Army branches collaborate on military exercise
Officers with all four branches of the United States Armed Forces, international officers and civilian and government officials participated jointly Tuesday in the largest intermediate-level interagency military exercise of the year.
The six-day exercise, with approximately 550 participants from Fort Leavenworth's Command and General Staff College along with the Air Force Command and Staff College at Maxwell Air Force Base in Alabama, was the culmination of a Joint Advanced Warfighting Studies (JAWS) program that began last year for CGSC students.
According to Brian Gurling, a professor in the CGSC's Department of Joint, Interagency and Multinational Operations, it gave Army officers in mid-career a unique opportunity to collaborate with air, maritime and special operations forces that will prepare them for future experience in the field.
"It's a pretty robust exercise," Gurling said Tuesday. " : More and more in our operations, staff have to work with the interagency and other agencies, so we're trying to foster that."
The setting for the JAWS exercise was the Transcaucus region of Georgia, Azerbaijan, Armenia and Turkey, where a fictitious force is threatening to invade a host country that has asked for international assistance.
Gurling said although the scenario was not real, the geography of the region was.
"We purposely chose an area the U.S. Army was unfamiliar with," Gurling said, noting, however, the importance of using a real-world application for the exercise.
The overall goal of the simulation, Maj. Betsy Atherton, a public affairs officer at the CGSC, said, was deterrence - to insulate the country against external aggression but also to build up the country's defense against an internal insurgency.
A classroom in the CGSC served as the headquarters for one of three joint taskforces, with the air component of the exercise being handled remotely by officers at Maxwell Air Force Base using collaborative tools like videoconferencing, telecommunications and Army Web chat software.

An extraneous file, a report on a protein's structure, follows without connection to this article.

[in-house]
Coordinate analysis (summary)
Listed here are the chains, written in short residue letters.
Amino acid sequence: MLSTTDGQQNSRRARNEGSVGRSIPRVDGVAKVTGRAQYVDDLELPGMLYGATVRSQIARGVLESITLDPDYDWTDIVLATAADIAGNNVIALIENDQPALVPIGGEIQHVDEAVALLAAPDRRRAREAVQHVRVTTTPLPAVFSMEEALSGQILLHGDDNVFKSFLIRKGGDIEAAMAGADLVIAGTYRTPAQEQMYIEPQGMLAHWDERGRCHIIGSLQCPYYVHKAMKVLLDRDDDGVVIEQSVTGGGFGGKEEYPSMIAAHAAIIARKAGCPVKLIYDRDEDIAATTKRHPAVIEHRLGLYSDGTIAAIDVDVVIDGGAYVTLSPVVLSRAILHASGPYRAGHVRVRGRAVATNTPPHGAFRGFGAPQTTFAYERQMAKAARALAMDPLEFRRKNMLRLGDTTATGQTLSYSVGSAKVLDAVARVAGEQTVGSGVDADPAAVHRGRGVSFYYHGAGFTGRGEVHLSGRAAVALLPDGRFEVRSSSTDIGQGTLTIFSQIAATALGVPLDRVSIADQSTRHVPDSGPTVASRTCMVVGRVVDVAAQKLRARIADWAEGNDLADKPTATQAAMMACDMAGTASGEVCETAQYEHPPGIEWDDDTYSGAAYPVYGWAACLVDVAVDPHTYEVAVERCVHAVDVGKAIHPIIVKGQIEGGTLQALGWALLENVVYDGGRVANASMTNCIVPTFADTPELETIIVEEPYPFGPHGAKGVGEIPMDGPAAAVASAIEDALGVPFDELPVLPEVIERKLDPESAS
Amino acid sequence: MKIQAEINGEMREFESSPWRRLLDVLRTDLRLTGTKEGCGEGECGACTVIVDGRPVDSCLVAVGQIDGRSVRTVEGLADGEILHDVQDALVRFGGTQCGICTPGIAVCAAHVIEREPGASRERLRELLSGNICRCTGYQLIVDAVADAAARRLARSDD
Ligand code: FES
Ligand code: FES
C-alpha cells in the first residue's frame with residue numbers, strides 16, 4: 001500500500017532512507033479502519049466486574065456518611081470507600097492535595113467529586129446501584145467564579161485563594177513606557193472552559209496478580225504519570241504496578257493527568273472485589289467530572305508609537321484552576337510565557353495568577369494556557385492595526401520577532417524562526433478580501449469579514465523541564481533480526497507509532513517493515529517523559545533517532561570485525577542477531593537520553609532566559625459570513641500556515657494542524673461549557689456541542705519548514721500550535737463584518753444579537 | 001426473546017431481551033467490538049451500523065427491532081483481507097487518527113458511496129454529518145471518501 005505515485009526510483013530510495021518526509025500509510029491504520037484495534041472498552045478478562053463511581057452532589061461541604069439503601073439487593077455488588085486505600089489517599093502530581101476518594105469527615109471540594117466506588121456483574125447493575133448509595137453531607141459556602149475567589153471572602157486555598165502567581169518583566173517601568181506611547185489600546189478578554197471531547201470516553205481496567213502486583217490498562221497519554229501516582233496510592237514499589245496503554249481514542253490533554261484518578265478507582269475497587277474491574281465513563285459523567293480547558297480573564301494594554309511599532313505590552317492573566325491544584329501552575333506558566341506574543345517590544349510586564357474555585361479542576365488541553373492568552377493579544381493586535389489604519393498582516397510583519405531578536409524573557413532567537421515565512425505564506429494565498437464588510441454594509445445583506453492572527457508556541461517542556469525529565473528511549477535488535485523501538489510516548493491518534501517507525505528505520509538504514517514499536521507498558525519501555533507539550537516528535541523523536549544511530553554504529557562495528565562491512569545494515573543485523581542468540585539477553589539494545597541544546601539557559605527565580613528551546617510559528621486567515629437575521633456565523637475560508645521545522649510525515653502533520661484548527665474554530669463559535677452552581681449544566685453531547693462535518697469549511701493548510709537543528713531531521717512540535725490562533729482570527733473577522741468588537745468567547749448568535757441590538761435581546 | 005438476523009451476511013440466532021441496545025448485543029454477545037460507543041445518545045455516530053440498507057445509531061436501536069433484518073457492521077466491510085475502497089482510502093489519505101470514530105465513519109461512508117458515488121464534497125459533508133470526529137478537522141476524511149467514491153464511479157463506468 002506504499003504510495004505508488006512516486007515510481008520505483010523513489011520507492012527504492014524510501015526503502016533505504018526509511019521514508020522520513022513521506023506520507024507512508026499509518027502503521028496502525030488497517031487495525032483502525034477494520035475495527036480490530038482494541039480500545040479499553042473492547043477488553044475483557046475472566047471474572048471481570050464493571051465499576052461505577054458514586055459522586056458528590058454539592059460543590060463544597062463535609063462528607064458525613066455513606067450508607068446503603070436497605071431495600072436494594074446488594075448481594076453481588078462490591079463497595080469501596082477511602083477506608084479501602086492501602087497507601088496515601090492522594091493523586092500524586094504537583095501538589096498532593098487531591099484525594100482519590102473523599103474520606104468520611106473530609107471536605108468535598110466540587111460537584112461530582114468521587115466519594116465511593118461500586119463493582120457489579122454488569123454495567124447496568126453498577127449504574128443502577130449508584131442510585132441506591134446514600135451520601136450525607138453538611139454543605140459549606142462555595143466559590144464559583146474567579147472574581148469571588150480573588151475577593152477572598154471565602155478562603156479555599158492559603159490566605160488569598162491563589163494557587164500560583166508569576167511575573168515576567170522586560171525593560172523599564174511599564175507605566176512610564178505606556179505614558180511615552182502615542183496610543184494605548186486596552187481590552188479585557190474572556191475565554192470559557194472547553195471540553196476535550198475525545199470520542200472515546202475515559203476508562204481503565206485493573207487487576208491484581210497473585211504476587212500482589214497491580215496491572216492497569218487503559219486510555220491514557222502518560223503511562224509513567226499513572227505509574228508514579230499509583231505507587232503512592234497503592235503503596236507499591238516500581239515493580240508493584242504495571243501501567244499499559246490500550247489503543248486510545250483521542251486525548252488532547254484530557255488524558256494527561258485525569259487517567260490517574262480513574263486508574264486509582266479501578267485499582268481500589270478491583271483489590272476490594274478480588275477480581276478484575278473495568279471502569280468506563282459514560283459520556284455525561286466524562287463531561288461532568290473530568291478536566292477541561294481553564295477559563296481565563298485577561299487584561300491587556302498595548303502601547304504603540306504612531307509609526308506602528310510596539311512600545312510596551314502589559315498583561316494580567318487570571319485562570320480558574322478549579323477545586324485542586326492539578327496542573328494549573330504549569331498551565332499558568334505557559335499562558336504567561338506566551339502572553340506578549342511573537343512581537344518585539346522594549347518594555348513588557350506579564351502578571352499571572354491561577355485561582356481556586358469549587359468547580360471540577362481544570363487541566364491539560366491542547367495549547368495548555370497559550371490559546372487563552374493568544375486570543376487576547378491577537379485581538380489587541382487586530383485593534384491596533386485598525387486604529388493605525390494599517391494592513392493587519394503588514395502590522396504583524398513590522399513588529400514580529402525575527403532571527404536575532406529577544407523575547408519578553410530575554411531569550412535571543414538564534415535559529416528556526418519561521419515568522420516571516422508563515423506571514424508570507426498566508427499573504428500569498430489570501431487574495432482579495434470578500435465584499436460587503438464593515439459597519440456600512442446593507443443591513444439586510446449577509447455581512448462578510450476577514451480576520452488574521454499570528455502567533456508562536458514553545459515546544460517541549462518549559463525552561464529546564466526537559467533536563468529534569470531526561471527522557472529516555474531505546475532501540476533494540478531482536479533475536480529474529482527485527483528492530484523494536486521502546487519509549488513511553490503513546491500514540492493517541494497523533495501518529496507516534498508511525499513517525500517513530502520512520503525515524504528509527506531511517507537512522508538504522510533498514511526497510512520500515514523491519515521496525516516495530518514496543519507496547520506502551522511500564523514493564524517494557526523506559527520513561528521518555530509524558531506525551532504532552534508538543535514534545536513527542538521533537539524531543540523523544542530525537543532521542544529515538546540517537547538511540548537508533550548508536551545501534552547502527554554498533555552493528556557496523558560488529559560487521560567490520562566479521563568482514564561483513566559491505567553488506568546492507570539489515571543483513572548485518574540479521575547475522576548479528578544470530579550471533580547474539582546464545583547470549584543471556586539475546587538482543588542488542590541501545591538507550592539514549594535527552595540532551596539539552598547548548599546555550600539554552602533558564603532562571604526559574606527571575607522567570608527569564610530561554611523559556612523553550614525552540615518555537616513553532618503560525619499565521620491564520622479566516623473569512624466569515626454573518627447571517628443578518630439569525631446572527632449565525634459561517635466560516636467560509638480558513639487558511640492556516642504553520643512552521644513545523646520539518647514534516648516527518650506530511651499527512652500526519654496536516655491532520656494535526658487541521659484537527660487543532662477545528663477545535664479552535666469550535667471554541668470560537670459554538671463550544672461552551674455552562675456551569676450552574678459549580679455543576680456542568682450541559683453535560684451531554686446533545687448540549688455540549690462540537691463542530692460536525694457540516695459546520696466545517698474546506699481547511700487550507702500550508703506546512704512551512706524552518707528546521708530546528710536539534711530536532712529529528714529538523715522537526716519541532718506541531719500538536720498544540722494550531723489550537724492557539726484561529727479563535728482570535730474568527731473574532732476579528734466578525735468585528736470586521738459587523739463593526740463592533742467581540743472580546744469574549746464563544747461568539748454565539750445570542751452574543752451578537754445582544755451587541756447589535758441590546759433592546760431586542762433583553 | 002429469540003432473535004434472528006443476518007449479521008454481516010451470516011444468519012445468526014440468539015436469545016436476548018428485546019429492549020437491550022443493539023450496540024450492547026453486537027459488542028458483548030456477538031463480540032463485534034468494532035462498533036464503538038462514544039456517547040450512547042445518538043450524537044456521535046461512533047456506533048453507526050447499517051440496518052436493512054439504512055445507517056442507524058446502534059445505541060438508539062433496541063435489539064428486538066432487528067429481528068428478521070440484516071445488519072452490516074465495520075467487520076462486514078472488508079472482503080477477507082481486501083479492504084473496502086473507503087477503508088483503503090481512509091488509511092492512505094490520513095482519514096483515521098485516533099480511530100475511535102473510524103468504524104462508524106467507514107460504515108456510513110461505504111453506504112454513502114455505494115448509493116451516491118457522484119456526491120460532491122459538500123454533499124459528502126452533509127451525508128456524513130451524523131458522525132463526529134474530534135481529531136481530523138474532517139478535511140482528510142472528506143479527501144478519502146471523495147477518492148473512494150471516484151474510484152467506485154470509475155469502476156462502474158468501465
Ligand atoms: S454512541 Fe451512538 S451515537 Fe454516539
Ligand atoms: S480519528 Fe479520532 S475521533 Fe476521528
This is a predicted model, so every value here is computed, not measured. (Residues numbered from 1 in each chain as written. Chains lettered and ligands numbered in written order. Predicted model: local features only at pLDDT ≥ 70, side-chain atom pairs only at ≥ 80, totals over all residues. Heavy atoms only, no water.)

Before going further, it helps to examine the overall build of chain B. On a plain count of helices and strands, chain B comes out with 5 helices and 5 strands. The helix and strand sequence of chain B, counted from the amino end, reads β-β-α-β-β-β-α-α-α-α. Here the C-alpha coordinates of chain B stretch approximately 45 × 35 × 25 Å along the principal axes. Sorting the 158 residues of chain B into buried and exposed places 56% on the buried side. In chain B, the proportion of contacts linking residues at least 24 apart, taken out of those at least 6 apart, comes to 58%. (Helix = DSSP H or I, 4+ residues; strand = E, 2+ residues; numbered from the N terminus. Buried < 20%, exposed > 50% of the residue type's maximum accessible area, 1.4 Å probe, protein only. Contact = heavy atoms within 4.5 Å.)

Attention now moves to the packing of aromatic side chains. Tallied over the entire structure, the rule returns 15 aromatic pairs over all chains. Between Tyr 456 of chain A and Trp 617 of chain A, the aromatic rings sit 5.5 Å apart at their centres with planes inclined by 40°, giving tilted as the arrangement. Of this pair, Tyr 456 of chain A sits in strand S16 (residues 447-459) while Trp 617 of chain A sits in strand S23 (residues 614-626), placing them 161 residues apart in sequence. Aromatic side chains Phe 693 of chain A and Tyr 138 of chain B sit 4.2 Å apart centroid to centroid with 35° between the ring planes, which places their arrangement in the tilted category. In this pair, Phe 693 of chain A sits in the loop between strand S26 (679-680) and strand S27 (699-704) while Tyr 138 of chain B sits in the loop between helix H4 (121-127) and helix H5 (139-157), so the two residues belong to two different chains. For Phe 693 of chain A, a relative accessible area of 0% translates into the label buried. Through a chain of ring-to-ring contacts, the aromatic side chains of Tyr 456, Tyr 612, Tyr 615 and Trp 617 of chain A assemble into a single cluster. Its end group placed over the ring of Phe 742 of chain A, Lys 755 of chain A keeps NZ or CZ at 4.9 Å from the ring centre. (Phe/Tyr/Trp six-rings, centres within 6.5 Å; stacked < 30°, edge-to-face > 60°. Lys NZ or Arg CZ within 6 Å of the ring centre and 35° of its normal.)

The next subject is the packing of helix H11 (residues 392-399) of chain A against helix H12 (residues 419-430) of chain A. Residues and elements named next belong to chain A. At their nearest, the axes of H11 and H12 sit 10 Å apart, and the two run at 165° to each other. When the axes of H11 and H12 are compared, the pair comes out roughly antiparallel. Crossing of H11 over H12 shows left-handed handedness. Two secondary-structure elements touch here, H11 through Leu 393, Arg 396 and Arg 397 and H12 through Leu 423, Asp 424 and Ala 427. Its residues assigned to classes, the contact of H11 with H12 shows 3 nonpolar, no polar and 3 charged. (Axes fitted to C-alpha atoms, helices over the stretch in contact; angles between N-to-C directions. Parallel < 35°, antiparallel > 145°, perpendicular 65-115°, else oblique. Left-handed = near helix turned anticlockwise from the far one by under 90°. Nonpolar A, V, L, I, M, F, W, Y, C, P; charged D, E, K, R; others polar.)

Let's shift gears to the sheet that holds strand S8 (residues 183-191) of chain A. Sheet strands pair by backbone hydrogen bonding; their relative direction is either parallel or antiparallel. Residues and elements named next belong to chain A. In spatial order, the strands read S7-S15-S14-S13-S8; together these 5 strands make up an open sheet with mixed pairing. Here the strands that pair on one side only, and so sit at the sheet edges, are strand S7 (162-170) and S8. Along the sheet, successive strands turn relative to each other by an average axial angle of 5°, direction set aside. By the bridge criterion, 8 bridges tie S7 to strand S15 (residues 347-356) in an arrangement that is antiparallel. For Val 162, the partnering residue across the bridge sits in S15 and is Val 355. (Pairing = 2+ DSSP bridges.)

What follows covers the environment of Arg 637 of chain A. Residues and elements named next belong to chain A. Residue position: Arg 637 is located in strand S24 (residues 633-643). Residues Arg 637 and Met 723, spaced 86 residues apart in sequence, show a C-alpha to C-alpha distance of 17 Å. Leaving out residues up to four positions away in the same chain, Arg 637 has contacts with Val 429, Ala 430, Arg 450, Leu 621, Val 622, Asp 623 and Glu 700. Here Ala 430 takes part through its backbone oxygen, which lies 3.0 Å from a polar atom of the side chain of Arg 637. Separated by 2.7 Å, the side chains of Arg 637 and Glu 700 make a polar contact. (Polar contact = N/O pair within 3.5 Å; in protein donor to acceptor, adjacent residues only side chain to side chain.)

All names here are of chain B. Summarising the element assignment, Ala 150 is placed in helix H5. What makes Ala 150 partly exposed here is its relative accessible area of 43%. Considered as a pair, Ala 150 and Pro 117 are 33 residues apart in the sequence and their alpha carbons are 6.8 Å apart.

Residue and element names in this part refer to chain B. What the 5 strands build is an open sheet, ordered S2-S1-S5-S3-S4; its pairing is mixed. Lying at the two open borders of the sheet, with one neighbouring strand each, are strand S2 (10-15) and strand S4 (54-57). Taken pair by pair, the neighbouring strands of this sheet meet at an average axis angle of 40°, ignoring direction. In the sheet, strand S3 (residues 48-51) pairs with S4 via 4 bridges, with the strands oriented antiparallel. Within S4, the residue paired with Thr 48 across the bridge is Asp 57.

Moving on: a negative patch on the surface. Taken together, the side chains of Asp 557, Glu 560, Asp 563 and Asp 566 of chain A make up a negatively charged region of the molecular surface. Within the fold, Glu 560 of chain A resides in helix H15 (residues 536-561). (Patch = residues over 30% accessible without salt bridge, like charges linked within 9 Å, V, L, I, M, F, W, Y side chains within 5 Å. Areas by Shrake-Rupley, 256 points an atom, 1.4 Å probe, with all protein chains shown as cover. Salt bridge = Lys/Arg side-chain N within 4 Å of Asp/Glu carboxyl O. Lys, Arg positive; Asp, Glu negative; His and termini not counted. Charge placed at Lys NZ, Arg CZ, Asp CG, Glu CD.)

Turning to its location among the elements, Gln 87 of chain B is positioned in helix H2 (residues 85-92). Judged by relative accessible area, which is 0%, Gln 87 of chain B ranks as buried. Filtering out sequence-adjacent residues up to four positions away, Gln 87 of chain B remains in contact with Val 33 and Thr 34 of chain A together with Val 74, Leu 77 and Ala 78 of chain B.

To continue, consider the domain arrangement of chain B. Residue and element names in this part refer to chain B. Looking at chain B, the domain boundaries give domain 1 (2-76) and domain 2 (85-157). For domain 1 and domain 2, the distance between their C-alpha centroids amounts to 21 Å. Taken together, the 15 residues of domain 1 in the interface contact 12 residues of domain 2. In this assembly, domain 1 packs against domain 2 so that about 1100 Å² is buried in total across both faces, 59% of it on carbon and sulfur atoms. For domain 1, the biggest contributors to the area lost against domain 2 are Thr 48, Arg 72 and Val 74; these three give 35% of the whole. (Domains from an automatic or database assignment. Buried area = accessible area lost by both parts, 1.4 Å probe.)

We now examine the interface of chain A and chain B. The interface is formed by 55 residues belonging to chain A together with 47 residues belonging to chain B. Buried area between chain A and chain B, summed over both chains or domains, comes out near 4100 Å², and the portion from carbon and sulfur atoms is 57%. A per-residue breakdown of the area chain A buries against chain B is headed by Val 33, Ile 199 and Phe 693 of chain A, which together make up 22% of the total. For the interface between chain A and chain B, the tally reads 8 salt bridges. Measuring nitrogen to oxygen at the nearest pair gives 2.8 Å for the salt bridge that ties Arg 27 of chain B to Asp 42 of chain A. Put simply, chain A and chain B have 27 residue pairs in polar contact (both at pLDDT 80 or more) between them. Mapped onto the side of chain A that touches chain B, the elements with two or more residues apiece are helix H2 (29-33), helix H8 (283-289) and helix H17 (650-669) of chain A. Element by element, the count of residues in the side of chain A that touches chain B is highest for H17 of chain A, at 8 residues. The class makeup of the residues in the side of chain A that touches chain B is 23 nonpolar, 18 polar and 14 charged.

Public affairs officer, Maj. Cathy Wilkinson, said, "It's a challenge trying to do such an exercise without having them right next to you," but she said that was generally what would occur in the field.
Wilkinson noted that, ordinarily, an officer would be briefed for months before being deployed to an area like Iraq or Afghanistan, but, in the JAWS simulation, officers had the added challenge of dealing with unfamiliar terrain and a lack of stable roads and infrastructure.
The joint taskforces were required to formulate and carry out a plan that would be most effective from a militaristic standpoint as well as for the affected country, while taking economic and diplomatic considerations into account as well.
Representatives from such agencies as the U.S. Department of State, FBI, U.S. Agency for International Development and International Red Cross were on hand for the exercise and assisted the interagency and multinational taskforces.
"Just having come from a year in Afghanistan, this is how we fight; this is how we work," Atherton said of the collaborative effort, adding that, obviously, there are lots of things in theater that cannot be replicated in a classroom.
"(The exercise) is excellent; it's very challenging," said Maj. Chris Smith, an officer with the Australian Army. " : It's a reflection of what you'd experience in the field, and it's pretty realistic, too."
Smith said the exercise would give him "an understanding of American procedures, which are not too dissimilar to what we experience in Australia."
Maj. Mike Smith, an officer from the Maxwell Air Force Base emphasized how important collaboration between all military personnel is when fighting a war.
"If you don't know what the other three branches are doing, than you're losing one component," he said.